Red Sparrow (Red Sparrow Trilogy #1) by Jason Matthews
Reasonable spy thriller, strangely has a recipe at the end of each chapter which cuts through any tension. You end up wondering what snack in each chapter is going to be featured at the end. Ruins the pacing. Doesn't work as a cookbook either as the recipes omit quantities and cooking time and instead just touch on ingredients and rough technique.
You know how you're debugging and comment out that return statement that stops book reviews from being posted more than once a month so you can get to the bottom of a problem without constantly deleting posts? And then you get distracted and push a new version of the blog software with that return statement still commented out? Thankfully that task is only scheduled to run every four hours. Sorry.
Stories of Your Life and Others by Ted Chiang
Stories of Your Life was made into Arrival, and it's a great story but just one of many in this book. Only one fell flat for me. Ted Chiang has a thought and then takes it so devastatingly literally that it will take you a while to stop thinking about it.
The End Has Come (The Apocalypse Triptych, #3) by John Joseph Adams
A cunning ploy - like most sets of short stories this is a mixed bag. The sting in the tail is that most continue in some form through all three books in the series so you have to read all three (if you have trouble not finishing a story, there isn't an executive order or anything). It's probably more of an investment than the material warrants (I'd have preferred a single and more tightly edited volume). It does however include a new strand of the Wool saga as well as a few other standouts so if you have the time, dive in.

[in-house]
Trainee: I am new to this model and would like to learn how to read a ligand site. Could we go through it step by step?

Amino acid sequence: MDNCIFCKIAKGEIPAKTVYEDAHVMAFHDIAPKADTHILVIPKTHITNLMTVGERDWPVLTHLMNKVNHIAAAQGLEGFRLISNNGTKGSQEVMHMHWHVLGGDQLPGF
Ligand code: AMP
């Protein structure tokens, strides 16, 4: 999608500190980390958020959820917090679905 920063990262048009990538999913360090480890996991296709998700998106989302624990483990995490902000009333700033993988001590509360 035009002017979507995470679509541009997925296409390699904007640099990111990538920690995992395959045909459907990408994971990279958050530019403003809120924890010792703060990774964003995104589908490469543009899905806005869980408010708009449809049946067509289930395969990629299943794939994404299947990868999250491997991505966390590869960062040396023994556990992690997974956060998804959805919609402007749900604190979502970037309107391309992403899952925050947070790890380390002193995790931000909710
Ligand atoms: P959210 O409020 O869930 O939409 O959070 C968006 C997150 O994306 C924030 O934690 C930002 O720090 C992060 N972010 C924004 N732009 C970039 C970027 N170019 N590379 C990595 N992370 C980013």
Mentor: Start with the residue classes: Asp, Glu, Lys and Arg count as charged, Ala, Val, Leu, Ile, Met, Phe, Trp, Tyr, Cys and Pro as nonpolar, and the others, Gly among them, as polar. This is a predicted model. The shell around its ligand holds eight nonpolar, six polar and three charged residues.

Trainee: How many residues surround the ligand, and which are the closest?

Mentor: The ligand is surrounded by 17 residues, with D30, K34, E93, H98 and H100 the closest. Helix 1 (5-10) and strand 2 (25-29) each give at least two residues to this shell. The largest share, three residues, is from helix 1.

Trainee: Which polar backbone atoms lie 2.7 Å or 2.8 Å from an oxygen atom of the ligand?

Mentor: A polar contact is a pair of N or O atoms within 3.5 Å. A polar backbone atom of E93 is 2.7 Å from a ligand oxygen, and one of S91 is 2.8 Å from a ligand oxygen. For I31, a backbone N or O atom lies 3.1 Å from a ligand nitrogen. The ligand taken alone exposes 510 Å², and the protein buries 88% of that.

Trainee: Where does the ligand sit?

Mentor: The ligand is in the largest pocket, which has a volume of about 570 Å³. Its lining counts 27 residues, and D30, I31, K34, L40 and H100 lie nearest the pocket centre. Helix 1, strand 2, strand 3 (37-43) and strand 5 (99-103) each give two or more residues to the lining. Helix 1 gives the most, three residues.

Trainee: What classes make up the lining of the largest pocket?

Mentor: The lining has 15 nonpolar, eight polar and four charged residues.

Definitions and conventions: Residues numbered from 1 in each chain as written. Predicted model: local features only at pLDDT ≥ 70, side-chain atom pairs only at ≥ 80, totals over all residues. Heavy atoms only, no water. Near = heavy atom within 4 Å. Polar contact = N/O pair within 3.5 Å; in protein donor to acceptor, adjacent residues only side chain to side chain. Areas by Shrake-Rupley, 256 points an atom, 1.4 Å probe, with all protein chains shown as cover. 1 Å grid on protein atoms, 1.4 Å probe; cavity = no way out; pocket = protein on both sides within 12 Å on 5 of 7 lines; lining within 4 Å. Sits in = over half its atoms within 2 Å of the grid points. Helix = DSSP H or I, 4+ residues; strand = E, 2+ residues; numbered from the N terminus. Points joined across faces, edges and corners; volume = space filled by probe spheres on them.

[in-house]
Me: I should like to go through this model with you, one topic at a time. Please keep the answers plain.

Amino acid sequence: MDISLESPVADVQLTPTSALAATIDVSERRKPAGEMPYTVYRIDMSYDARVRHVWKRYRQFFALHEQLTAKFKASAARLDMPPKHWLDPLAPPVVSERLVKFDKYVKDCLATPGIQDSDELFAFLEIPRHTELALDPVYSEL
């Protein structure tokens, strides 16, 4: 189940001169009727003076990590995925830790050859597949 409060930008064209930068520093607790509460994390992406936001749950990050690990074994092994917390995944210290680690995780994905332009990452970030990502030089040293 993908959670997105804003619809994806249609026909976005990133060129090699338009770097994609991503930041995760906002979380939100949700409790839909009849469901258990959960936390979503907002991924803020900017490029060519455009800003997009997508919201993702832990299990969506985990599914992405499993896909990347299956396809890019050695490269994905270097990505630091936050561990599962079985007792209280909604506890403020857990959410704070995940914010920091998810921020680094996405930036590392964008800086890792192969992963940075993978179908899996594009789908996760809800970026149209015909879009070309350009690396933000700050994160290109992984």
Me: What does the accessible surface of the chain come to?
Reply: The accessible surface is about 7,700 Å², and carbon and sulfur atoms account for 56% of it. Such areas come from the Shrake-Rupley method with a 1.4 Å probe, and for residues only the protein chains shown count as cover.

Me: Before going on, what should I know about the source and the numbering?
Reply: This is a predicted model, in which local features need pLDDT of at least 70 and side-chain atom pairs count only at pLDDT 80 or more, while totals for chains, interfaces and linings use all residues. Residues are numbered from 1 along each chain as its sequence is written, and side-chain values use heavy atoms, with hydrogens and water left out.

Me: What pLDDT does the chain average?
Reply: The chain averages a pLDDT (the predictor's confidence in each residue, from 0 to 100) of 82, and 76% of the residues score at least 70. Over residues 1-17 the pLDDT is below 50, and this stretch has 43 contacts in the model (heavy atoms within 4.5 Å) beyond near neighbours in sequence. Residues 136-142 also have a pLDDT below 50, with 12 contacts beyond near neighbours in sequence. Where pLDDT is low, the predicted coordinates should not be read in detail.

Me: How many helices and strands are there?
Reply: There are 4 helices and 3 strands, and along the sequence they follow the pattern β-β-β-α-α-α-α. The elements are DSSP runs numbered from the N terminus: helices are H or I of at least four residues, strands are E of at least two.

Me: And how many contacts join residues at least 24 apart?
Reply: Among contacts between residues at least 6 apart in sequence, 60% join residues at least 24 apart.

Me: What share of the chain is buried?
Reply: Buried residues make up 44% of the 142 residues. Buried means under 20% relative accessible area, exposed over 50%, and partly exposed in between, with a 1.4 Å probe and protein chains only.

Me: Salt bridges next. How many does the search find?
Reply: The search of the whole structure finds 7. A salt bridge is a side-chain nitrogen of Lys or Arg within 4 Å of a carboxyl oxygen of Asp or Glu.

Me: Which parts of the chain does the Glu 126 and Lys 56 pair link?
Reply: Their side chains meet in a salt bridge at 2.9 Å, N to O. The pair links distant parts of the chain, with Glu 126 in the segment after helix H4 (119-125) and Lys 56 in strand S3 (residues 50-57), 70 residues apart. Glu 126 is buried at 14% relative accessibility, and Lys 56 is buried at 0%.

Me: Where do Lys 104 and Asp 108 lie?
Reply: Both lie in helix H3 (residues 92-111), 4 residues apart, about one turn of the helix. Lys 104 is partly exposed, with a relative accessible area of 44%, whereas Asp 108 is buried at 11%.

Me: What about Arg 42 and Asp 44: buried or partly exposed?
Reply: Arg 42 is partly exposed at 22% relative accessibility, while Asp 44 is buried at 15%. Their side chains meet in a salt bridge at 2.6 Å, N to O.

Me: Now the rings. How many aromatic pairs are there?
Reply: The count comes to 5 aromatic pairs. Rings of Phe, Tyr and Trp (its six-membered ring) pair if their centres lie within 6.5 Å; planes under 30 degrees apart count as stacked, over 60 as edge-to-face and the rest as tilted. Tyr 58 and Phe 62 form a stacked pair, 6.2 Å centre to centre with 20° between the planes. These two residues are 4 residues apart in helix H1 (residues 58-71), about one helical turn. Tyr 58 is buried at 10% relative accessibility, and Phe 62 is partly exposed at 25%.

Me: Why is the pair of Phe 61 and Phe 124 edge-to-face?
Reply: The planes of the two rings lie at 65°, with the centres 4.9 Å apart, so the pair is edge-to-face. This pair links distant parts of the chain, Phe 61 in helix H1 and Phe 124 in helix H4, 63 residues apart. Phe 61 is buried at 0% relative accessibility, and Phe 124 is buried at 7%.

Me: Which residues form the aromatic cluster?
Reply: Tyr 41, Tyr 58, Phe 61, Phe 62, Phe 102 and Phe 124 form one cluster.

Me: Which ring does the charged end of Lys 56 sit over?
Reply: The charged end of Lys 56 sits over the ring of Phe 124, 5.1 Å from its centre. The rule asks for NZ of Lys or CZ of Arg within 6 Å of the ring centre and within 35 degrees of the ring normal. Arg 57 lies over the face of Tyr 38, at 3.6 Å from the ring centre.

Badass: Making Users Awesome by Kathy Sierra
The overall message is good - focus on making your users actually awesome rather than you looking awesome with some concrete strategies to find out what that is and how to get there. A central theme is removing barriers to effective usage. The product here is a book. It was hell to read on my phone. Now if the graphics were large and central to the message and couldn't be done other than in some weird non-standard way I might forgive this. But all I needed to on every page was zoom in to get rid of the needless massive borders. That's all it took. Hundreds of times. So I'd recommend this if you still like paper books or are some sort of tablet toting throwback but on phone? No.
The Hurricane by Hugh Howey
Affecting story of a boy (and family) who are forced to disconnect thanks to a category five storm. First non sci-fi Howey that I've read and it's one of his best.
The Elephant in the Room by Jon Ronson
Jon Ronson visits with the Alt Right. It's good but not a revelation.
Overcomplicated: Technology at the Limits of Comprehension by Samuel Arbesman
Everything is getting more complicated. This book suggests we abandon the physics based approach of trying to understand systems in a reductionist way and switch to biological thinking - sample, study the ecology, embrace a glimpse of understanding and forget knowing everything. Gulp.